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NASA Sets Contract Announcement For Commercial Spacecraft Flights To International Space Station

By | December 22, 2008

      NASA tomorrow will make a live-broadcast announcement on a contract for commercial private space flights that would use a crewed spacecraft on transport missions to and from the International Space Station.

      The announcement is set for 4 p.m. ET tomorrow. NASA had issued a request for proposals April 14.

      The United States currently has a hefty logistics capability in its fleet of space shuttles that can haul huge items to the space station, and also transport astronauts to the station. But the shuttles, by order of President Bush, will stop flying by October 2010. After that, other means of transport must be obtained.

      While the European Space Agency has a robotic supply vehicle, and the Russians have Proton cargo and Soyuz crewed vehicles, NASA is interested in fostering a commercial space industry including private spaceships that could conduct missions to the station. NASA also needs to obtain crew transportation services from 2010 to 2015.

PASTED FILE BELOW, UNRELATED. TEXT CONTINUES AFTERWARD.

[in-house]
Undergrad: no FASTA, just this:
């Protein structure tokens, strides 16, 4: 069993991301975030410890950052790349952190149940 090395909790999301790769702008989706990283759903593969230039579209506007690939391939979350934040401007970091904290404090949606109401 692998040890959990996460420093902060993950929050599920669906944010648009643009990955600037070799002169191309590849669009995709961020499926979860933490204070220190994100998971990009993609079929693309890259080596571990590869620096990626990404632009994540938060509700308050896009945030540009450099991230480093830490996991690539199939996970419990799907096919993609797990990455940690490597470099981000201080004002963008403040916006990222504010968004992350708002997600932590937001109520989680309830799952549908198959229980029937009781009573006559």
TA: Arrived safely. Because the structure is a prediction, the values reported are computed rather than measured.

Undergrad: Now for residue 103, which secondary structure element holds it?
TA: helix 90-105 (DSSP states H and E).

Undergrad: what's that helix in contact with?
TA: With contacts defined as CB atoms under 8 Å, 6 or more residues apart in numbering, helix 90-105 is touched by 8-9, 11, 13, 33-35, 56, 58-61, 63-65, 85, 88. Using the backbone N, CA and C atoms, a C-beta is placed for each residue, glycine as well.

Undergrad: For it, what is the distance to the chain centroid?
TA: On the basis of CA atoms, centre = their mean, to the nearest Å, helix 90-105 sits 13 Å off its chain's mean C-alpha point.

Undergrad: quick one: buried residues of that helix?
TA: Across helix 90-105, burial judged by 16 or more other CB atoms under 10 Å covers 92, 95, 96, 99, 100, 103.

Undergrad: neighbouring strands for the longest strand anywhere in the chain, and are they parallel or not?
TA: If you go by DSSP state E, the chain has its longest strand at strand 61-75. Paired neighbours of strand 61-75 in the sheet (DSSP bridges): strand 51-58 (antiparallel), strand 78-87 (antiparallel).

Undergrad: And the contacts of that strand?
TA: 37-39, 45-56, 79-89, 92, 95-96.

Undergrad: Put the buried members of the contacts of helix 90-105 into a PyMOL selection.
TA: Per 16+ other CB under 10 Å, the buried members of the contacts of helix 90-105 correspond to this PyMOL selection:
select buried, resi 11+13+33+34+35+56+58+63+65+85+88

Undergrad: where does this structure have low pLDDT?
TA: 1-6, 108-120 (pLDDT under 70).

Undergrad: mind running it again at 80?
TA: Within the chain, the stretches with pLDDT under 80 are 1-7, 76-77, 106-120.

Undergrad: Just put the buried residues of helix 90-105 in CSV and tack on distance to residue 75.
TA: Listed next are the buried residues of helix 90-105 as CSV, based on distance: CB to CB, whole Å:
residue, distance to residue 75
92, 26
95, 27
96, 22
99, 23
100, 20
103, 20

NASA has offered commercial orbital transportation services seed money to two firms, Space Exploration Technologies Corp., or SpaceX, and to Orbital Sciences Corp. [ORB]. They are expected to develop cargo hauling capabilities first, and crewed capabilities second.

      The commercial resupply services procurement will include requirements for launch services, orbital rendezvous and berthing with a crewed spacecraft, delivery of internal and/or external cargo, unberthing and deorbit, and disposal or return of internal cargo.

      The teleconference with Bill Gersenmaier, NASA associate administrator for space operations, at 4 p.m. ET tomorrow will be broadcast live at on the Web.

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